Tuesday, April 29, 2008

The History and Future of the Solar System

The Solar System was just sparse amounts of gas 5 billion years ago, Hydrogen and Helium were the main components (Approximately 2% were heavier elements left from another star).  The pre-solar-system nebula collapsed and began to spin.  Then, as more mass condensed at the center, gravity's effects began.  Then, over millions of years, density and energy heated the Sun's core.  Meanwhile, collisions between small, asteroid-like objects formed the first proto-planets.  Then, the Sun's core reached 18 million degrees, and Hydrogen fusion started.  The expulsion of energy and radiation cleared the inner solar system of debris, save the now fairly large proto-planets.  The extra gas ended up orbiting around the outer planets, forming the Gas Giants.  All remaining planetary objects were absorbed by the Gas Giants, turned into tiny moons, propelled back into the soon-to-be asteroid belt, or sent out into the Kuiper Belt or Oort Cloud.  Eventually all planets had "cleared their neighborhood", a term that means to eject all matter form their orbital paths with gravity.  No changes occurred for billions of years afterward, bringing us to the present.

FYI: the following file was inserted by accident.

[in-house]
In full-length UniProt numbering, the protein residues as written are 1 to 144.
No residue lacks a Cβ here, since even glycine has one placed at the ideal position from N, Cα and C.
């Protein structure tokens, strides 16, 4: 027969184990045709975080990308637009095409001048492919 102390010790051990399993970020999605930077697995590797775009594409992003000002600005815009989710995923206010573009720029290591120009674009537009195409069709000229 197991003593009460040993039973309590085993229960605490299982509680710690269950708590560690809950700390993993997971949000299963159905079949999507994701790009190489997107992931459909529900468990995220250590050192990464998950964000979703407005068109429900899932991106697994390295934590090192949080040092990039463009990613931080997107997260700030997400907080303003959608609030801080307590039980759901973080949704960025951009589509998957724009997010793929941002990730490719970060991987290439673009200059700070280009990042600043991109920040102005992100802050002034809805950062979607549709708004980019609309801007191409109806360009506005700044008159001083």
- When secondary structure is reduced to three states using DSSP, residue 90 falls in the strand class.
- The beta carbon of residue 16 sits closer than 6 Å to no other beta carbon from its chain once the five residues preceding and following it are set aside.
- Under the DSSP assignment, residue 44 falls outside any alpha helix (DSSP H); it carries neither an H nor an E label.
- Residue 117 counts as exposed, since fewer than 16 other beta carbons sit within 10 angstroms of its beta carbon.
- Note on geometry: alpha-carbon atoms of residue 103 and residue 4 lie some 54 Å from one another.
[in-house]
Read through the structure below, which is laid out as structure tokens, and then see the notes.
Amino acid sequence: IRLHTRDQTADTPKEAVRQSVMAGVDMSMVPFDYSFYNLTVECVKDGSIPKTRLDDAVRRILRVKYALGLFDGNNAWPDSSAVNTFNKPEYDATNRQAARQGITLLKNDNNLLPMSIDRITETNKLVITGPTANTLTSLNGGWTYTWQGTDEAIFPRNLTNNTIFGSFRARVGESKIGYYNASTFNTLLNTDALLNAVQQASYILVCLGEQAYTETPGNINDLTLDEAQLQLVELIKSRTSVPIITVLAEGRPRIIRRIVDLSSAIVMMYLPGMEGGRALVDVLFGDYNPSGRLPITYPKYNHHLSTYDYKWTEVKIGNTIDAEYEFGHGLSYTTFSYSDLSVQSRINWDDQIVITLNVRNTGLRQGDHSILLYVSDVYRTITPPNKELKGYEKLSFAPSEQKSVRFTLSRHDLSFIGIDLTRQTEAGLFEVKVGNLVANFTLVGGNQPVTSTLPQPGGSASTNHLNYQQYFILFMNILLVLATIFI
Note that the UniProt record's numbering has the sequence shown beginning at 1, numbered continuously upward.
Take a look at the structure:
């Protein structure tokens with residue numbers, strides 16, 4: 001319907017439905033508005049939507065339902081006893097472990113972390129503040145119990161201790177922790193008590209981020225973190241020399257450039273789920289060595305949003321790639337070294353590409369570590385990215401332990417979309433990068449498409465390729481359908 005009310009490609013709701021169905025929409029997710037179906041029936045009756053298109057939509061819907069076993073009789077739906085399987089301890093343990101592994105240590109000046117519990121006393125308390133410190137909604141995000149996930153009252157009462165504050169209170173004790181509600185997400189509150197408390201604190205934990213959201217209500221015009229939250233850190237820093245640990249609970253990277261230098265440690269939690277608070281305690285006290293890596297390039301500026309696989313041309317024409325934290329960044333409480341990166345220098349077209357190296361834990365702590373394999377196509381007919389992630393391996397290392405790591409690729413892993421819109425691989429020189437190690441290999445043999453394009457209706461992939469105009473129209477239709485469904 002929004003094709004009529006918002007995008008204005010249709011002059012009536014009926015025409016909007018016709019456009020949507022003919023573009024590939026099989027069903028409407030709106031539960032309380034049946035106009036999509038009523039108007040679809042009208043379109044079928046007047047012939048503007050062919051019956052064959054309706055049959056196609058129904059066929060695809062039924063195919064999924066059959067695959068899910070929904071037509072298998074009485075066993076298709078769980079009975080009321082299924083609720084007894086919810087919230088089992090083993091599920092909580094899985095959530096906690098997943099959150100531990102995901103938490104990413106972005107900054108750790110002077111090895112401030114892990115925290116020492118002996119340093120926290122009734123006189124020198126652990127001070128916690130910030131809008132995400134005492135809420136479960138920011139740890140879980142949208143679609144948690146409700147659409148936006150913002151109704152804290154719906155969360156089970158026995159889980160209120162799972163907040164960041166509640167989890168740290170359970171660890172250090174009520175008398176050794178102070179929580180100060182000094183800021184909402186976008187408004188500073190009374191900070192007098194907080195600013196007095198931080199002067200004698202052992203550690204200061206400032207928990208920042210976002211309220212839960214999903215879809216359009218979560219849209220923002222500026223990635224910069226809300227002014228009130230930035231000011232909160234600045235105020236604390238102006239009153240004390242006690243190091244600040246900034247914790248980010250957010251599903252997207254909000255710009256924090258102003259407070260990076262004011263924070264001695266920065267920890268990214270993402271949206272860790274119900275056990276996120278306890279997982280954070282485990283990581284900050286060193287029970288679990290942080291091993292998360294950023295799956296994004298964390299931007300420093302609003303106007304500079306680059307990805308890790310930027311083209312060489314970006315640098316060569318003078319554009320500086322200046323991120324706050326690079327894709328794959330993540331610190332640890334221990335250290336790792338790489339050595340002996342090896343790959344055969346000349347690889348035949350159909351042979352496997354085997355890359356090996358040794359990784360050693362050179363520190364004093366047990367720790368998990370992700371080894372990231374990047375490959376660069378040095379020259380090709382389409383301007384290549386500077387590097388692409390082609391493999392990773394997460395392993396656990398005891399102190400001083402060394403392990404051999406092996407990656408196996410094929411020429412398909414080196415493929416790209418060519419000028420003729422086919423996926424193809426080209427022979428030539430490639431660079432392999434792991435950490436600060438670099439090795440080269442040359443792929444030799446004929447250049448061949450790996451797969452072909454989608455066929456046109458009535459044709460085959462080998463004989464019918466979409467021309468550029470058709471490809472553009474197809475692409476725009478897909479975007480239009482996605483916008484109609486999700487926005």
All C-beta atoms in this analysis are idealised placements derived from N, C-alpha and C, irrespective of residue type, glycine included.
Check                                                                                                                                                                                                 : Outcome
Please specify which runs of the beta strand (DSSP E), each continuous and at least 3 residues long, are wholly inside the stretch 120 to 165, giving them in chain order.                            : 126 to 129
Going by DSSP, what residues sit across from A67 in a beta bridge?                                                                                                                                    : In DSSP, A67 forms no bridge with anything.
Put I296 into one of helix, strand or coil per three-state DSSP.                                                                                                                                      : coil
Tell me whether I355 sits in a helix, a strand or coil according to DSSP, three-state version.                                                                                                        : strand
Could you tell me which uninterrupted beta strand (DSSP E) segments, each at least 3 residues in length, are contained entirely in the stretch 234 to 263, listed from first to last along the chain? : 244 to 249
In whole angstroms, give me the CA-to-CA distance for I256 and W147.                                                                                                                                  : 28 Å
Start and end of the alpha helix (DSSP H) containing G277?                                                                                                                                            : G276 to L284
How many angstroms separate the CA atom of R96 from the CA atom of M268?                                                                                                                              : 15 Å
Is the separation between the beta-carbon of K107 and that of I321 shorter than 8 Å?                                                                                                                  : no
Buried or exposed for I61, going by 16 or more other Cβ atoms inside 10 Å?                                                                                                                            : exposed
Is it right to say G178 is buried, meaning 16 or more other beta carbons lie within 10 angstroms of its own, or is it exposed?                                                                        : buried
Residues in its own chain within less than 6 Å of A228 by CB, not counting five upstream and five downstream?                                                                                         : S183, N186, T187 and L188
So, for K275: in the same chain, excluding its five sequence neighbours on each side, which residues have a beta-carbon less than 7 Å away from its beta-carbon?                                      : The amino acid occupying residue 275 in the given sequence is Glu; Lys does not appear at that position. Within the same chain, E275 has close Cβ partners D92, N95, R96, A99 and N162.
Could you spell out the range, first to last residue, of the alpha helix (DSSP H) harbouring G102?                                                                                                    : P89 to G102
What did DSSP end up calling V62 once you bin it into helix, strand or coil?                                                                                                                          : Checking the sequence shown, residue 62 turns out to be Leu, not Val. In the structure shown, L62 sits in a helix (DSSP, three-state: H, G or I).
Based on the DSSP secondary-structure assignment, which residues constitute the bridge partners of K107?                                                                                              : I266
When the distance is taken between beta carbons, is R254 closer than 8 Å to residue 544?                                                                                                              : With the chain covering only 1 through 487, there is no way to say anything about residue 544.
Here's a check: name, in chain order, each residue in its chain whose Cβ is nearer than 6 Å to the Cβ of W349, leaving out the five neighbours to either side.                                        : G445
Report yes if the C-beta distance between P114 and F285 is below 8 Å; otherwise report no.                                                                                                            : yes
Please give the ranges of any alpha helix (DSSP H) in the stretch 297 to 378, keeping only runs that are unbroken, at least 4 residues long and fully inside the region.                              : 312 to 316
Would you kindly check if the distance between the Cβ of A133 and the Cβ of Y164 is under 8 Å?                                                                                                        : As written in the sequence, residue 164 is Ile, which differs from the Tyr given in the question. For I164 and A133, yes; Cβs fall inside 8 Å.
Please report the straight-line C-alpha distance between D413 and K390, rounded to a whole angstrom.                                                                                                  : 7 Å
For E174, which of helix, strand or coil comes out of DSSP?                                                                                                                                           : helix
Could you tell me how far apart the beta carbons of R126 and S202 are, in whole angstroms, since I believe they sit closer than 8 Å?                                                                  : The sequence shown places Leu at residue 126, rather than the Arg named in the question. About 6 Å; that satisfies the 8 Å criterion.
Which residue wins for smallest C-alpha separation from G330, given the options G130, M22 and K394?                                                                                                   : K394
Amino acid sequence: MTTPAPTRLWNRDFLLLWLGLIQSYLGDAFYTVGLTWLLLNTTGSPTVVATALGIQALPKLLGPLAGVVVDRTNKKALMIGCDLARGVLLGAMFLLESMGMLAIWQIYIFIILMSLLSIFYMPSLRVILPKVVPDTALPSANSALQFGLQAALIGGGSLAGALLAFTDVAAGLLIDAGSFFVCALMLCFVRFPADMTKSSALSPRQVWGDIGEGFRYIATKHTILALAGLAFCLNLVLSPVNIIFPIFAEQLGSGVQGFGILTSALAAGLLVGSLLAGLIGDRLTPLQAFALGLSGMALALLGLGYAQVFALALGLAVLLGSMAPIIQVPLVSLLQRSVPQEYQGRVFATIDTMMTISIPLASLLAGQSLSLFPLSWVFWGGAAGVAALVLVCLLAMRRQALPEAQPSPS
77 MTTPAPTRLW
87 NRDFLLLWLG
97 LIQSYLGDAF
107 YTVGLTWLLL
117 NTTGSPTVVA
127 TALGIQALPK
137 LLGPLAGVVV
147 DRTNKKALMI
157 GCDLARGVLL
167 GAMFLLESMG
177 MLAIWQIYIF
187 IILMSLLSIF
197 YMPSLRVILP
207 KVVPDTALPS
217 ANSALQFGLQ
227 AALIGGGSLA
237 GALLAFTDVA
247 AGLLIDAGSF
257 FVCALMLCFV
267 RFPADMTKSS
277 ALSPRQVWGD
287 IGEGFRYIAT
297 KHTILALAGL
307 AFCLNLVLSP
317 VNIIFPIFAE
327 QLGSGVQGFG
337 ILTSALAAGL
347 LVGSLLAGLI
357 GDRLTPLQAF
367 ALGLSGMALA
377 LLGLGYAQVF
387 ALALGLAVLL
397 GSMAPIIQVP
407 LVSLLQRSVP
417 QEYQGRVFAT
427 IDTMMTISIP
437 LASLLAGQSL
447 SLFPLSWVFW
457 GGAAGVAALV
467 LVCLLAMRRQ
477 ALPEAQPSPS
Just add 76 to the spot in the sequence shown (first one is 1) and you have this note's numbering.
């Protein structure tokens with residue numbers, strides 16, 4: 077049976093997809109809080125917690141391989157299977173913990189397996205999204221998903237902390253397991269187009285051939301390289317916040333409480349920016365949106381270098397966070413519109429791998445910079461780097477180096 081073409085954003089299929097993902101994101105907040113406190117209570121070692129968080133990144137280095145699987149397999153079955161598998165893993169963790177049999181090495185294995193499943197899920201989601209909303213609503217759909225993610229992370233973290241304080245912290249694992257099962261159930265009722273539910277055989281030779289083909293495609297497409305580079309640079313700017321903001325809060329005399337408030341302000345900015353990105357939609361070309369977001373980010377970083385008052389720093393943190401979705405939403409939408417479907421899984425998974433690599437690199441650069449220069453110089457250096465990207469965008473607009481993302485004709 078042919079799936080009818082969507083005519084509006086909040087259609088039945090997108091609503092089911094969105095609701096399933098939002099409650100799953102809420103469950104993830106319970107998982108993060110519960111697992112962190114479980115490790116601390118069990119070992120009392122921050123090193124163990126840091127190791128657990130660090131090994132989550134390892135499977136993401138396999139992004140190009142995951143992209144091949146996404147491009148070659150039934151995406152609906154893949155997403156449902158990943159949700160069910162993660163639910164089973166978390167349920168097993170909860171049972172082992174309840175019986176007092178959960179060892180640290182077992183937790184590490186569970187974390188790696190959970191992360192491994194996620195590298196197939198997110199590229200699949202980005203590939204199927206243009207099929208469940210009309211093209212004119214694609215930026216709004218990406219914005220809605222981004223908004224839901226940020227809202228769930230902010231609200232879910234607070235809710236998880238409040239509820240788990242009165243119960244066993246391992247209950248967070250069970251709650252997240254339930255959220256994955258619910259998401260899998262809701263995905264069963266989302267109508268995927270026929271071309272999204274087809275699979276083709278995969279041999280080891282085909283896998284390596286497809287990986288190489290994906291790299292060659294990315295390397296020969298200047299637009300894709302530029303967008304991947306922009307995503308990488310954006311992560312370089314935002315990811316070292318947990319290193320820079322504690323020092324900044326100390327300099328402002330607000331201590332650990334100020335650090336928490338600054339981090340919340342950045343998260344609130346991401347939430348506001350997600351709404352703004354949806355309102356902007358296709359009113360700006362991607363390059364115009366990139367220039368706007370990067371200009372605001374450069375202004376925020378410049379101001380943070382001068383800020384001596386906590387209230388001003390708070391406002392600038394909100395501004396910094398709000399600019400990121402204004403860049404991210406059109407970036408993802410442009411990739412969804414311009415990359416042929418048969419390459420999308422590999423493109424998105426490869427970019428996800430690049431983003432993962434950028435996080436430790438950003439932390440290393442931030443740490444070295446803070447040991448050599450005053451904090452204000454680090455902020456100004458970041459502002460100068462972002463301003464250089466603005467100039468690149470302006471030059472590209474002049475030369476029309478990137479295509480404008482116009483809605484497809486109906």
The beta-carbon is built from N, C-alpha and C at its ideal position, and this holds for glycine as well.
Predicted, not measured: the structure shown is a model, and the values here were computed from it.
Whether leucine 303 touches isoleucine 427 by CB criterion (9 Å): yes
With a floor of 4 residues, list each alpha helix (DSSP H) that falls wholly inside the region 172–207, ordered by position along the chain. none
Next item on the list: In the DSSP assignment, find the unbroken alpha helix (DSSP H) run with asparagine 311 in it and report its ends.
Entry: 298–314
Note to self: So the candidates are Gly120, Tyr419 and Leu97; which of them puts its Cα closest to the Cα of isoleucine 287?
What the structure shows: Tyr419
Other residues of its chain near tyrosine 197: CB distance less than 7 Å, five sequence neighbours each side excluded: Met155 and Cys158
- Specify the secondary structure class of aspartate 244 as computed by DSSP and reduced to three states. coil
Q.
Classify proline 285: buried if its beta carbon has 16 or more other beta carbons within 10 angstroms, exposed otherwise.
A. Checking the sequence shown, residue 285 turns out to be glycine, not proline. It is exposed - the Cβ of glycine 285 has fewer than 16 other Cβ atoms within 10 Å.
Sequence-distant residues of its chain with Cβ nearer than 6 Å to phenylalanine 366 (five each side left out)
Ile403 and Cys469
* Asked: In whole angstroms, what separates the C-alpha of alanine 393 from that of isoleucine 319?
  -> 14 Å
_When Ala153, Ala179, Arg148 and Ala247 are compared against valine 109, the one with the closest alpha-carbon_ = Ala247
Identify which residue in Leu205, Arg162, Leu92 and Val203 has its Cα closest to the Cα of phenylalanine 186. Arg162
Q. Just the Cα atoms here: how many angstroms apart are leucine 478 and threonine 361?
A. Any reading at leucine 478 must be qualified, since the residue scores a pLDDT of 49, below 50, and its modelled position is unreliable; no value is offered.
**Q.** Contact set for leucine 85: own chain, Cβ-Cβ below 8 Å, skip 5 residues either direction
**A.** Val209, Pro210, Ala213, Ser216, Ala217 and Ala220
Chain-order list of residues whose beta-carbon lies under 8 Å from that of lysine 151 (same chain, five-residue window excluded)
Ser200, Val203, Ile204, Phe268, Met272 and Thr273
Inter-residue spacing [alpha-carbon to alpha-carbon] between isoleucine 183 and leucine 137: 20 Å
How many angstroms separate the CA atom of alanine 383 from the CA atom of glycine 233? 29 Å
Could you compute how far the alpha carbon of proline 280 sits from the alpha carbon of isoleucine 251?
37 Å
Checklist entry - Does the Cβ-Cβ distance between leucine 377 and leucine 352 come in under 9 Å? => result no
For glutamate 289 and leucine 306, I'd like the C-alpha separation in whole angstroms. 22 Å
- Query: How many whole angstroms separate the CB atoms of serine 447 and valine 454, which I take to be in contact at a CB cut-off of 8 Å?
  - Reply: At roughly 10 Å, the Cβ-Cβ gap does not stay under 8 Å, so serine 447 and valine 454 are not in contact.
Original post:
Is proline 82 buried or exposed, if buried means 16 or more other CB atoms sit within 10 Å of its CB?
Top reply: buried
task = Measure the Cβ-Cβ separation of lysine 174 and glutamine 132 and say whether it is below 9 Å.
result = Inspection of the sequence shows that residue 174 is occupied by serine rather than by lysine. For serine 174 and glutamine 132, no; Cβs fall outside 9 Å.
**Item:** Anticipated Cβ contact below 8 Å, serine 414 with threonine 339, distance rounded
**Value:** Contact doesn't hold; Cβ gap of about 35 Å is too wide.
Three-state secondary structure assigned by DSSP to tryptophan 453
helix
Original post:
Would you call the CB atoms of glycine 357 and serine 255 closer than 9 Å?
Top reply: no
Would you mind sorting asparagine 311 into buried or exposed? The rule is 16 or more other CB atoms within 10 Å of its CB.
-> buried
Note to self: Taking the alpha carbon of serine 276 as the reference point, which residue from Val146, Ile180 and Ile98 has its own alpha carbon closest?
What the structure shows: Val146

The Solar System is now 4.6 billion years old.  Every 1.1 billion years, the sun grows slightly larger, and increases by 10% in luminosity.  Within one billion years, the radiation from the Sun will become so powerful that all life on Earth will go extinct, and Mars will be the most habitable planet.  In 5 billion years, the Sun will swell to a red giant and swallow Mercury, Venus, and Earth.  Then, in an explosion the Sun will shed its outer layers into space and become a white dwarf (white dwarfs and other stellar explosions are explained here), and shortly after cool and become a black dwarf.  The frozen planets may orbit into eternity or the explosion of the Sun will send them into space.  Then, the gas from the Sun may help make new stars and planets, maybe for billions of years to come.

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